The government admitted on Tuesday that it would be willing to accept the activation of an automatic fiscal mechanism, dubbed “the cutter,” beyond 2018, if that ensures the stalled negotiations to wrap up the second review of the country’s third bailout program come to a swift conclusion.
The cutter forces the Greek government to take corrective action if it fails to meet its fiscal targets.
Describing its change of course from vehement rejection of the cutter to its acceptance, government spokesman Dimitris Tzanakopoulos tellingly described it as a “concession” and “compromise,” rather than a tactical maneuver.
The leftist-led coalition sought to justify its latest concession as a necessity to overcome the objections raised by the International Monetary Fund, which insists Greece needs tougher measures to meet its fiscal targets.
However, the government insists it will not need to activate the cutter as it will meet its fiscal targets, contrary to the IMF’s predictions.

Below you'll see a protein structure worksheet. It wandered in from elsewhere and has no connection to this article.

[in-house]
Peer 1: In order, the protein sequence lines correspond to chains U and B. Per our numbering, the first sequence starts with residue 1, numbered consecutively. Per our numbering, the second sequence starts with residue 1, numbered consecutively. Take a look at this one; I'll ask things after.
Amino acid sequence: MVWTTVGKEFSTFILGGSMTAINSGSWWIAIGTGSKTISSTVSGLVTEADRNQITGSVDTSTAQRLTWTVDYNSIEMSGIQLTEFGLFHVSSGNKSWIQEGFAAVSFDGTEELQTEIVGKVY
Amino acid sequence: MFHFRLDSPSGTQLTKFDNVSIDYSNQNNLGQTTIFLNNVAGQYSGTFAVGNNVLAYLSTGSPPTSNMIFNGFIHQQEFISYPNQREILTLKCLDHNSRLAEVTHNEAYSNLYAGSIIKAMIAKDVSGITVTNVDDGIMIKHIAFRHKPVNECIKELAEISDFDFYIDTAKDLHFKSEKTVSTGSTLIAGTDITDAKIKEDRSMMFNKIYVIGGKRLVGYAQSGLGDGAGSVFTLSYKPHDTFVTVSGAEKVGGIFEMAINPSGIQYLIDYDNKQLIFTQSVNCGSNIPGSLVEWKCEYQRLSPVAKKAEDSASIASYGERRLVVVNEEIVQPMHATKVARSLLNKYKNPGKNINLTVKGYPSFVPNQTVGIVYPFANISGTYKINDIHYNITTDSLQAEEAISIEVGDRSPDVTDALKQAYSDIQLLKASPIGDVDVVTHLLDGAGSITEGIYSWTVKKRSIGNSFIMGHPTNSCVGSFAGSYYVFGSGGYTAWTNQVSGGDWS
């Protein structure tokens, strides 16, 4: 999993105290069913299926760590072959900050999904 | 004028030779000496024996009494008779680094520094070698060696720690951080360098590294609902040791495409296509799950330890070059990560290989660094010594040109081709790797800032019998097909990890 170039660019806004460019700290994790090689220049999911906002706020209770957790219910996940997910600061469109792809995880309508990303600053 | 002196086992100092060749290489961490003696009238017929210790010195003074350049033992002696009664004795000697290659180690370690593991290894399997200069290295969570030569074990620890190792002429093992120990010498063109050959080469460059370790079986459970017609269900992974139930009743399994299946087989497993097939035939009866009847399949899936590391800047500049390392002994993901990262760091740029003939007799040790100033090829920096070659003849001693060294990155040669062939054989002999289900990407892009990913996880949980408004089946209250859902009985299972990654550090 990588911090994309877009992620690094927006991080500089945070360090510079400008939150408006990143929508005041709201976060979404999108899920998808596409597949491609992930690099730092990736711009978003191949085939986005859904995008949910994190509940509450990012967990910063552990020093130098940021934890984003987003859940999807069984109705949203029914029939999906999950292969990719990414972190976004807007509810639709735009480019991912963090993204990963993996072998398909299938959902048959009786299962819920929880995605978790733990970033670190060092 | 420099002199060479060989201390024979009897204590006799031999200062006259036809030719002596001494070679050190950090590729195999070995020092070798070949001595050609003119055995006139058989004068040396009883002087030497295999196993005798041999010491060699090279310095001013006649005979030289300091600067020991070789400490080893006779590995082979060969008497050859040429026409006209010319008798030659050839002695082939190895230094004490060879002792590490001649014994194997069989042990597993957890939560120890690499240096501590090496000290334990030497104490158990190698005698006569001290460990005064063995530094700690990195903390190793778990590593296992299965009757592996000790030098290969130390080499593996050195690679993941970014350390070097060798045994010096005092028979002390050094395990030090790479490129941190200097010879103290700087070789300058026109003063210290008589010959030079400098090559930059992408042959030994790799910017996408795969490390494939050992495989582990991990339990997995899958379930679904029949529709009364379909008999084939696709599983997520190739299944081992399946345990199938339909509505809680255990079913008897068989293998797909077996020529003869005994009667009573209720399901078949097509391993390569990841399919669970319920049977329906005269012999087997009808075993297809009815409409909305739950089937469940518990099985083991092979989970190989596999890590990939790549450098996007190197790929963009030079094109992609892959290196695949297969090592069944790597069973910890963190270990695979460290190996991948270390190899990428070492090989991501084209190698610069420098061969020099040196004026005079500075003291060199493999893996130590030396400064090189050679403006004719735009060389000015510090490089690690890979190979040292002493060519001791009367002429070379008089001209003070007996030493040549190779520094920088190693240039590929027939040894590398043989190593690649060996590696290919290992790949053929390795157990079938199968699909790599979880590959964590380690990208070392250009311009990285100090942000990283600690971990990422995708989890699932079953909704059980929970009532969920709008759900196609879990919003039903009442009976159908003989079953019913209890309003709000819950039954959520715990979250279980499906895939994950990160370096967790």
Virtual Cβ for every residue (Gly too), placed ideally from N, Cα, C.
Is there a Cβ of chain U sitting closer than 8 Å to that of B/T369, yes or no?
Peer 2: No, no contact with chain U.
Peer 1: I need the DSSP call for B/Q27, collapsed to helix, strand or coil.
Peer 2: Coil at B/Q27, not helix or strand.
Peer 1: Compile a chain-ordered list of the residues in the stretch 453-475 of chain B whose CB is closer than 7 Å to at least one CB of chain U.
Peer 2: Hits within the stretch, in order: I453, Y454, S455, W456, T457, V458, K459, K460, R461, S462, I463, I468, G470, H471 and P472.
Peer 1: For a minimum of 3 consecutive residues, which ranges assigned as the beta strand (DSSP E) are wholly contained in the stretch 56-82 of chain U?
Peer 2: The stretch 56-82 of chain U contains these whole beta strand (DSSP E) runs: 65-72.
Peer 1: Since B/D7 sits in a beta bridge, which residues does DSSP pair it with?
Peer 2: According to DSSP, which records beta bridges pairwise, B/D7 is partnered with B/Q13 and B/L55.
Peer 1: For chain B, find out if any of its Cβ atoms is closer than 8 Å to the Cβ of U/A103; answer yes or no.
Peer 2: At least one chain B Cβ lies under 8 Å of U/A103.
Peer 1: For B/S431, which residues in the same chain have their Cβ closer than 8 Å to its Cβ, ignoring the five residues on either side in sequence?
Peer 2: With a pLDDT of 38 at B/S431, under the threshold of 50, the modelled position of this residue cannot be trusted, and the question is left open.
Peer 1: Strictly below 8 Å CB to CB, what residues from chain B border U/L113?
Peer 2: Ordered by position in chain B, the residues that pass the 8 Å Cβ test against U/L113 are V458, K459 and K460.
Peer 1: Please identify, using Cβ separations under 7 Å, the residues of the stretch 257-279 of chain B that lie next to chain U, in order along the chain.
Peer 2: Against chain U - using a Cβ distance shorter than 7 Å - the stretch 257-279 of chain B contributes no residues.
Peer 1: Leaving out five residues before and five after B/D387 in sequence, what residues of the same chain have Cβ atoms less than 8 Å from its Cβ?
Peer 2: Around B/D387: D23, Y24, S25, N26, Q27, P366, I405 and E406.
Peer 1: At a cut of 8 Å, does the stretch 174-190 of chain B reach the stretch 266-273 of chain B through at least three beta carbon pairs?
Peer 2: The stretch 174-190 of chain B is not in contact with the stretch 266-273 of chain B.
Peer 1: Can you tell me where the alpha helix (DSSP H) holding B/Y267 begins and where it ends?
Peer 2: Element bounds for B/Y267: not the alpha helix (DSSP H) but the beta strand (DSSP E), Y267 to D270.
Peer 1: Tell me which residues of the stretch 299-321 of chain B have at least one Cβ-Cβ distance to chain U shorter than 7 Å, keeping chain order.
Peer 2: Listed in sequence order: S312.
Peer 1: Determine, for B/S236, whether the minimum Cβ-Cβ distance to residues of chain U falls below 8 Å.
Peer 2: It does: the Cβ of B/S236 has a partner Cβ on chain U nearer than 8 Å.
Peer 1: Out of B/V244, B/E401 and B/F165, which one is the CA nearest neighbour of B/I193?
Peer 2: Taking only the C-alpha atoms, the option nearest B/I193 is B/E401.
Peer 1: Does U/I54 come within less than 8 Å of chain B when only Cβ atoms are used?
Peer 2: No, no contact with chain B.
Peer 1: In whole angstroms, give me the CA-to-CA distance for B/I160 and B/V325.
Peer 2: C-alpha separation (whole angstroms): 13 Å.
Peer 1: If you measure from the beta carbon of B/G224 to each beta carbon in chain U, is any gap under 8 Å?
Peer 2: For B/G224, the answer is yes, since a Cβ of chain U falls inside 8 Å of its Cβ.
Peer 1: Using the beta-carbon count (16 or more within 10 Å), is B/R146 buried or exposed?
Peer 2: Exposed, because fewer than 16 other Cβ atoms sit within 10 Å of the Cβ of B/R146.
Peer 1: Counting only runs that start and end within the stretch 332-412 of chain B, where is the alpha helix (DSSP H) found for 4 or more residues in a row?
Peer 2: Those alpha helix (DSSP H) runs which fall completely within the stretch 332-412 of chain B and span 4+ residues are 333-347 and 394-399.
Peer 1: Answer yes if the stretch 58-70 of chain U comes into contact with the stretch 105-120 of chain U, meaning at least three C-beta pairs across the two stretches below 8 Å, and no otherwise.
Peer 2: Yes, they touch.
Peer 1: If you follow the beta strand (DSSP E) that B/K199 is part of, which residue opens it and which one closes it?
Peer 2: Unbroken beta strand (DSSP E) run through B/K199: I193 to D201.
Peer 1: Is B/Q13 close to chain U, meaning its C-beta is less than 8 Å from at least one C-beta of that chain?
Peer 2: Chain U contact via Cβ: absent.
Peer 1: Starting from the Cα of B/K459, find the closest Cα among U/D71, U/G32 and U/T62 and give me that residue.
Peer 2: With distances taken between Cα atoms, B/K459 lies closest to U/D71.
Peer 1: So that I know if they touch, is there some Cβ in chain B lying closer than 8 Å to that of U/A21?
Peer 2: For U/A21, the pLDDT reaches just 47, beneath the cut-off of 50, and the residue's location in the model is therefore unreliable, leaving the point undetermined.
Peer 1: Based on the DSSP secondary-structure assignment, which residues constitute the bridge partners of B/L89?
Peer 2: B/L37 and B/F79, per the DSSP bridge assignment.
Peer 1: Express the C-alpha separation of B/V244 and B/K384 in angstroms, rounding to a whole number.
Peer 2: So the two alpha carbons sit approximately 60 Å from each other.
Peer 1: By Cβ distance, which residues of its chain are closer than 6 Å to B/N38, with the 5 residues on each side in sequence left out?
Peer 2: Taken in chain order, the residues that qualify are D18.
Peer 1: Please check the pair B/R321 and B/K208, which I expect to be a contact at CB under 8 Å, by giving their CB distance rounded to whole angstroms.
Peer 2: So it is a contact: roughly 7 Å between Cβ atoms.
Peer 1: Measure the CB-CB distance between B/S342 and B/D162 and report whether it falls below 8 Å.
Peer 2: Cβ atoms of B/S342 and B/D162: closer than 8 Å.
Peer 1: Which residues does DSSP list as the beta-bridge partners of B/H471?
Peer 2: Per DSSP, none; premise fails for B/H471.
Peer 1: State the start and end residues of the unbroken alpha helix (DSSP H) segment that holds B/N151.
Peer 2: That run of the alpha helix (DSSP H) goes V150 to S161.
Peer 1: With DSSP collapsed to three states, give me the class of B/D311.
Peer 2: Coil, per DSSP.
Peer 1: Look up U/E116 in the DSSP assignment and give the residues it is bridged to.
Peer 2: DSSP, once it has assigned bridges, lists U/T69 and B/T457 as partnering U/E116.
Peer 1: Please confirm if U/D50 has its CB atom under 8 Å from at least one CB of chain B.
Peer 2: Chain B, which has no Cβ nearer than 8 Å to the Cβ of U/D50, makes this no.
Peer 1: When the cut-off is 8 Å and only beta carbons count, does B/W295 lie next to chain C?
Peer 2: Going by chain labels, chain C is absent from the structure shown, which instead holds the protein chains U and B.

The move has come in tandem with a growing realization that the negotiations to conclude the second review are at an impasse, and the prospect of further delays would surely damage the government’s bid to join the European Central Bank’s quantitative easing mechanism (QE), begin substantial debt relief talk and access international markets in 2018.
Publicly, the government had recently struck a defiant tone, saying it was in no rush to conclude the review, as its financial needs are covered for the coming months.
However, the brave face it put on was met with a similar show of defiance from the country’s international creditors, who responded that they are in no hurry either, essentially forcing the government to blink first and move away from the narrative that said, “We have fulfilled our side of the deal and we accept no more demands after the third bailout program ends in 2018.”
The tactical change also has to do with the fact that if the review is not concluded by early March, when several European Union countries head to the polls, then a decision could be pushed back to June at the earliest, something which could deal a fatal blow to the economy’s recovery prospects.
Finance Minister Euclid Tsakalotos will seek to make use of the government’s turnaround to accept the cutter beyond 2018 at the Eurogroup on January 26 in order to get the review negotiations back on track.